Determining fact from fiction is harder than ever in a socially connected and digital world. Add to that a common global experience - like a pandemic - and we certainly have a lot to talk about!
Here in the executive recruitment and leadership business, we have heard plenty of fiction about how this year has impacted executive recruiting and organizational design. That’s why Boyden Executive Search is kicking off a new myth-busting series.
Over the coming weeks, we will be calling out the assumptions we are hearing and leverage our data, insights and experiences to validate or refute the facts. Each week, we will dive a little deeper into the topics below. Along the way, we welcome your questions, comments and any new topics you would like us to explore. Let’s begin:
Myth: It is a buyer’s market for talent - candidates will be dying to get this role.
Actually…The prevalence of pandemic-related furlough and unemployment rates may create more competition and selection at the manager level and below, but it remains a seller’s market for the best talent in the executive ranks. Strong leadership is hard to find, attract and keep and now, perhaps more than ever, the best talent is used to being heavily courted. With boomer retirements in progress, tech unicorns scooping up the A-players, and hiring decision-makers’ expectations always ascending, organizations will have to up their game to woo talent.
As far back as the 90s, influencers in people and culture have been talking about the “war for talent.” In those days, despite the dot com bubble and fears of a demographic cliff of retirements, it would have been impossible to predict just how much power would shift into the hands of top talent. Welcome to 2021, where a global pandemic has opened up a world of opportunities to employees who can literally work anywhere, from the comfort of their own home. Extraordinary times always expose the need for greater capacity or capability, but the competition for talent has just become much more fierce.
Organizations that have faced the quarterly pressures of shareholders or experienced adversity in their past are no strangers to the war for talent. Securing the right talent, measuring their performance in a sophisticated fashion, and retaining them with modern rewards programs has proven to be a winning strategy for weathering strong headwinds. On the flip side, organizations that have been lucky enough to spend less time on their toes - legacy brands, the public sector, and institutional organizations - may be less prepared for battle.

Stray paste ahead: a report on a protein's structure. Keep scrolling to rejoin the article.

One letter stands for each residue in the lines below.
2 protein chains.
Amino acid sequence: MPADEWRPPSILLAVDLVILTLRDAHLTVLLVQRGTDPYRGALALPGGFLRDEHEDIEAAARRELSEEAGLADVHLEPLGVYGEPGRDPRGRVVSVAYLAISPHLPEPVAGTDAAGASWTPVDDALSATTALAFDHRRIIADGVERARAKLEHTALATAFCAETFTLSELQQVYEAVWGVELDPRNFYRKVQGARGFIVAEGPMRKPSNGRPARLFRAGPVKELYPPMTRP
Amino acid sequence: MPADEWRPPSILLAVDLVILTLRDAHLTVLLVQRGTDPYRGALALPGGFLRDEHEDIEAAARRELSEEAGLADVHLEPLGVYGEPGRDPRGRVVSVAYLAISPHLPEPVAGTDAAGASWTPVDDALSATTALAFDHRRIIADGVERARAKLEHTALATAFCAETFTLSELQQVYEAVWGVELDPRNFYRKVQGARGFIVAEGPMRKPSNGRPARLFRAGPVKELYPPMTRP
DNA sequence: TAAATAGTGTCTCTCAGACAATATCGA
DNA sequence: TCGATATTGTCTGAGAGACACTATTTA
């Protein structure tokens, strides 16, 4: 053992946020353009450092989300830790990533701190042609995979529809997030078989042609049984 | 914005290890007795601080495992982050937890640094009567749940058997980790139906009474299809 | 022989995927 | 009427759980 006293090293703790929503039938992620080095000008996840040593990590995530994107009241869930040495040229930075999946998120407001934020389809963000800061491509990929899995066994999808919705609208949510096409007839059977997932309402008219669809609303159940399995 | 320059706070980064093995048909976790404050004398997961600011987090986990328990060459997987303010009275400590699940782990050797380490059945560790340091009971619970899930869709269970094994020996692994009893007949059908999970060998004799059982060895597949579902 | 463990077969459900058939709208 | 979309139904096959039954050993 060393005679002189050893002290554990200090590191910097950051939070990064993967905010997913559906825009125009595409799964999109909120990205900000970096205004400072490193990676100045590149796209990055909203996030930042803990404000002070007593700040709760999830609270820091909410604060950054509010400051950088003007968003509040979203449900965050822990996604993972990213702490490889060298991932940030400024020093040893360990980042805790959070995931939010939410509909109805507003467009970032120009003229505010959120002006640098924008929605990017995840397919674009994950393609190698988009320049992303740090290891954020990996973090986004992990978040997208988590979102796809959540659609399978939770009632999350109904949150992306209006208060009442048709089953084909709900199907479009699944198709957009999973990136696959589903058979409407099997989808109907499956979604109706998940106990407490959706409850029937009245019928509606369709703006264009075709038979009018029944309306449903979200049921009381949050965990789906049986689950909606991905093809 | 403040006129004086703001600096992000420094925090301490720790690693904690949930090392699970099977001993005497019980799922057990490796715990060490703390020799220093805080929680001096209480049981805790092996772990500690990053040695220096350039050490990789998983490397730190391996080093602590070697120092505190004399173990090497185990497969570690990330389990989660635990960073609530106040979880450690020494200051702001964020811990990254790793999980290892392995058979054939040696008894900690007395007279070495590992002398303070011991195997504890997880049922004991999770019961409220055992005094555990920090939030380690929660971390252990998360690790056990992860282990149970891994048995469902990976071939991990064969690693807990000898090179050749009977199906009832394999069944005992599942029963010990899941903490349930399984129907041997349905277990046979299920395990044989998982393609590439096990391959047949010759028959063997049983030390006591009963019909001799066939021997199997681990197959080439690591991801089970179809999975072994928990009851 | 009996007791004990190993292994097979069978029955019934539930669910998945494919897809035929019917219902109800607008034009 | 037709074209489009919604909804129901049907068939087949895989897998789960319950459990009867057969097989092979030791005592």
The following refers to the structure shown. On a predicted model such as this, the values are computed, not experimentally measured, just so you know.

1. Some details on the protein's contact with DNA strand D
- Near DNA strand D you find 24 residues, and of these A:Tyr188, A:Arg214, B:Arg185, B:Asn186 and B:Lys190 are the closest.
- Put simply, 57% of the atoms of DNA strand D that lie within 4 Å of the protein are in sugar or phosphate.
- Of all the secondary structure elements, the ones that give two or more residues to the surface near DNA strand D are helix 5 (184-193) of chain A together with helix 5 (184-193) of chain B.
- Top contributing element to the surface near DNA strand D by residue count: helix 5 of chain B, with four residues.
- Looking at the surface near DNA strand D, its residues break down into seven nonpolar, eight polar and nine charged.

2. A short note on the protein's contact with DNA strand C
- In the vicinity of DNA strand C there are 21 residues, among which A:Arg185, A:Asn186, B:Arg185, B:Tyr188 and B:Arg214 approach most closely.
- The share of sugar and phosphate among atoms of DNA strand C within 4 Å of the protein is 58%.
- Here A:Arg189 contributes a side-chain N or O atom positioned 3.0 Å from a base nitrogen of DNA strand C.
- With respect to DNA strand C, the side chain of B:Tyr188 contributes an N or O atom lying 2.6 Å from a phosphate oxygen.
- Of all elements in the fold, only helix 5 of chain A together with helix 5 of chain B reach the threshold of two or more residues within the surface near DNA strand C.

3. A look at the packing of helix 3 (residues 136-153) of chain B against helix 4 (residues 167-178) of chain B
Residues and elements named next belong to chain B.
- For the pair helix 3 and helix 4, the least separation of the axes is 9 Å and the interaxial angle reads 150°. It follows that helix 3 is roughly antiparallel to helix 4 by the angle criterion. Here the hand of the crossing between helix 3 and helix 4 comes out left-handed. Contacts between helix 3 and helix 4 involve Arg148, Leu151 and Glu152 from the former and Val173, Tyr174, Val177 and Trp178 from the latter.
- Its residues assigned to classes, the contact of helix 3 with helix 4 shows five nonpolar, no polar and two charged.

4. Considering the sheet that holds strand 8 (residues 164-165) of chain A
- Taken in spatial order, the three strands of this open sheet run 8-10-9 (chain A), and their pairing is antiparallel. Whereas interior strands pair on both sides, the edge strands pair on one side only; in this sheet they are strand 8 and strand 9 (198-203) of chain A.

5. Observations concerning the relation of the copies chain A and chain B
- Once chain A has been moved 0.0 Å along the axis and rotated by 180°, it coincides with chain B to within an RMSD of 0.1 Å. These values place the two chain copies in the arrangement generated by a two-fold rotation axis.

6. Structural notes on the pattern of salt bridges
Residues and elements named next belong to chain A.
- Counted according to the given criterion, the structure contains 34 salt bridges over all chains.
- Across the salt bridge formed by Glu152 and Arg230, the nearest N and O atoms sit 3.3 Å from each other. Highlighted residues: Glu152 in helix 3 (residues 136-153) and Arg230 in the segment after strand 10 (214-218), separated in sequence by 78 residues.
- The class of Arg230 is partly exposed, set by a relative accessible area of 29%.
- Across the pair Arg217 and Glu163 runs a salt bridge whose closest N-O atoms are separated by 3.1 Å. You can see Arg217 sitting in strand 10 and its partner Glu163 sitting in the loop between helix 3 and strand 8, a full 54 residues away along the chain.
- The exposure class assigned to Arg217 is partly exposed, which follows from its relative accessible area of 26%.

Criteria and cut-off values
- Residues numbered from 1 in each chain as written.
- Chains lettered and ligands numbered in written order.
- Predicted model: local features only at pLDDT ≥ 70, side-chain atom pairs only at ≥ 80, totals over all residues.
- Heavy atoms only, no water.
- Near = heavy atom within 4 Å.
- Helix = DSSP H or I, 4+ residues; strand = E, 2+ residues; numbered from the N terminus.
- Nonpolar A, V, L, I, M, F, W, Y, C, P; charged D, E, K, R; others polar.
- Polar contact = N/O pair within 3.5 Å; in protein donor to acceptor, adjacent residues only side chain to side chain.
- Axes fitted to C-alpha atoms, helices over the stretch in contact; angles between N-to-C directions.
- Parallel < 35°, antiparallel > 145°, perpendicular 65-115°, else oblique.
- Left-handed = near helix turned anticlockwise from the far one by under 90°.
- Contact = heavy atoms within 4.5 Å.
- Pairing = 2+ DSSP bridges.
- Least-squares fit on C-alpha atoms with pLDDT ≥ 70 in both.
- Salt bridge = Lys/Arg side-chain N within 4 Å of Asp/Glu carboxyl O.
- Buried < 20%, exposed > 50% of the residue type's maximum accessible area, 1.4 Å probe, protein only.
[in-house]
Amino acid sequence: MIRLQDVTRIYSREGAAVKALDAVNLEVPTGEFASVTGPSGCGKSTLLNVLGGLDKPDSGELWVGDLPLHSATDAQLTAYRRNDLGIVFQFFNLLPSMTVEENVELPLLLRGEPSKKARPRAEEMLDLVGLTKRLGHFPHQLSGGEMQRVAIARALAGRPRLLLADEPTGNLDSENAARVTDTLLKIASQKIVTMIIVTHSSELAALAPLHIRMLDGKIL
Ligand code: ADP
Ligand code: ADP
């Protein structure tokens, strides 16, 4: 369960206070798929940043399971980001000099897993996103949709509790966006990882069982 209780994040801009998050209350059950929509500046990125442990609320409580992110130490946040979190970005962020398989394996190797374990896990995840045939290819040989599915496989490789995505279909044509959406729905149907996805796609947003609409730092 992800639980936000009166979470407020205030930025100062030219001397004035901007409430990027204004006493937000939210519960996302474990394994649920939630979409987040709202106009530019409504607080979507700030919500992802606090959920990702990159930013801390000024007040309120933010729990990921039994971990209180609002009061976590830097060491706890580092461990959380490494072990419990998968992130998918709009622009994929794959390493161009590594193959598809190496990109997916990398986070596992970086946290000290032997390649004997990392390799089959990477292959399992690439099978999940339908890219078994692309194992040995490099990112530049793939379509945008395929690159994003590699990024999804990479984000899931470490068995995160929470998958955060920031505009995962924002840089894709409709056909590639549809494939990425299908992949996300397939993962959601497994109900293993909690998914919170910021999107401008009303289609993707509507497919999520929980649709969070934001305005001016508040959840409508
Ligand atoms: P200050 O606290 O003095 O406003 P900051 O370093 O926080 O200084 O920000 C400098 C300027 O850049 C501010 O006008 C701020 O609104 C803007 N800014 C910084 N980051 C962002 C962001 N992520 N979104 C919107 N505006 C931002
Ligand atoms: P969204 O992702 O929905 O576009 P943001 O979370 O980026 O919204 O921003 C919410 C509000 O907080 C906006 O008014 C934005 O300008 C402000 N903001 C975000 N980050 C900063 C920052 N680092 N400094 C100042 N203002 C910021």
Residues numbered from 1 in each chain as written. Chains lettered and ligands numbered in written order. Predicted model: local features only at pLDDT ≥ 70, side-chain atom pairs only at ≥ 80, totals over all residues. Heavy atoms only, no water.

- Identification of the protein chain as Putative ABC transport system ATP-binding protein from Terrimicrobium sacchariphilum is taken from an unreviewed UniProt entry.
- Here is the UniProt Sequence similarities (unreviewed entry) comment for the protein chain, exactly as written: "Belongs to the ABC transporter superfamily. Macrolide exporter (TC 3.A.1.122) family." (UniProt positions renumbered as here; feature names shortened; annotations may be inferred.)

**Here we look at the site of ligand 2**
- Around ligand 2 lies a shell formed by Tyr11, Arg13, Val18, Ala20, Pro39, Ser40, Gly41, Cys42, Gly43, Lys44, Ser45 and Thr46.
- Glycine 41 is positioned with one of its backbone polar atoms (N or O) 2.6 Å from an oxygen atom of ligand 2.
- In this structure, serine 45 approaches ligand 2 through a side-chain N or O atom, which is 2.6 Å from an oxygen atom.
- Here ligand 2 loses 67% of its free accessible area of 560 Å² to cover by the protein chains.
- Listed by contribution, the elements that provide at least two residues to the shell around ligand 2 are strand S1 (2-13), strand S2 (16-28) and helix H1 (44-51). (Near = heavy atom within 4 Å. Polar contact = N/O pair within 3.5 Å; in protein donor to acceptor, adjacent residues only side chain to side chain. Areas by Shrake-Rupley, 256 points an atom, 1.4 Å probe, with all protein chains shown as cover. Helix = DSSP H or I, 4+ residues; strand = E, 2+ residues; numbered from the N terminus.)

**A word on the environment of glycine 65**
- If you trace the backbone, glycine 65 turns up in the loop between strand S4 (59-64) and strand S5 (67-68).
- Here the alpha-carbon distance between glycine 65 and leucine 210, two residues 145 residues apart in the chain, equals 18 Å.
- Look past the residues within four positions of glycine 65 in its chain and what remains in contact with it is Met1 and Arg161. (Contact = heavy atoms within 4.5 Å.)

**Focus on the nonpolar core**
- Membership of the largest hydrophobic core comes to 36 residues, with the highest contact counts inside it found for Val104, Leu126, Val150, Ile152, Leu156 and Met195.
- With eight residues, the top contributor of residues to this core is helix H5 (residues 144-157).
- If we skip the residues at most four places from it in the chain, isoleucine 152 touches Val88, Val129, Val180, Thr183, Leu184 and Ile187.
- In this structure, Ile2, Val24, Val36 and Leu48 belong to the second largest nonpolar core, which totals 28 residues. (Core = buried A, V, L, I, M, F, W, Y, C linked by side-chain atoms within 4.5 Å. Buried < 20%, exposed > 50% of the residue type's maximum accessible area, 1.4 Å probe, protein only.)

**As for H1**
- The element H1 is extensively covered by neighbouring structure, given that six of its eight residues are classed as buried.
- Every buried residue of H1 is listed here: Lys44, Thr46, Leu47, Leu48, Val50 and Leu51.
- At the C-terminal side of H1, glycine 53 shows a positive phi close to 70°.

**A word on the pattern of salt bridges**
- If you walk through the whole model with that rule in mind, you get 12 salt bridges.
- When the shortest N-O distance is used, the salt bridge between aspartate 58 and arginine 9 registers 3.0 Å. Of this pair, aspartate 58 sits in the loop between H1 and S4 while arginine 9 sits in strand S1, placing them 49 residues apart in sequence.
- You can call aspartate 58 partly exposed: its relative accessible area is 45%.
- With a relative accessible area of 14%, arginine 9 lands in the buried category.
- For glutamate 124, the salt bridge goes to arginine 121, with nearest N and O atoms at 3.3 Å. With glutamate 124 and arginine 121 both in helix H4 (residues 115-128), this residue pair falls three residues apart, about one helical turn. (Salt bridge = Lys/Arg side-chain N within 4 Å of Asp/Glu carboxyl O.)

One of Boyden’s clients, a legacy retailer with no e-commerce capability prior to the pandemic, is a good example of an organization thrust into the heart of this war. Having to rapidly create a digital channel painfully exposed the lack of an internal e-commerce leader - and it demonstrated an absence of savvy around what it takes to attract and close on one. As you might imagine, competing for e-commerce talent in a global pandemic is no small feat, and it required a very different, aggressive and thoughtful approach to acquiring it.
This company and many others have learned that the characteristics that suggest an enterprise is an “employer of choice” are now table stakes for candidates. From a company’s financial position to its brand, vision, employee programs and pace of salary increases, candidates have high expectations from their work and its culture.
Today, competing in the war for talent begins in the recruitment process. As organizations prepare to replace their aging workforce, respond to new market demands driven by the pandemic, or compete with global companies for great talent, they should be aware of new expectations from candidates in the selection process and beyond:
As more baby boomers transition into board roles and organization’s continue to compete for a next generation of talent, the wooing process will become that much more important. While it's easy enough to pay lip service to the tips above, what’s most important is that an organization is showing itself authentically. It doesn’t need to be perfect, but it certainly needs to demonstrate clearly and genuinely that it’s trying to be.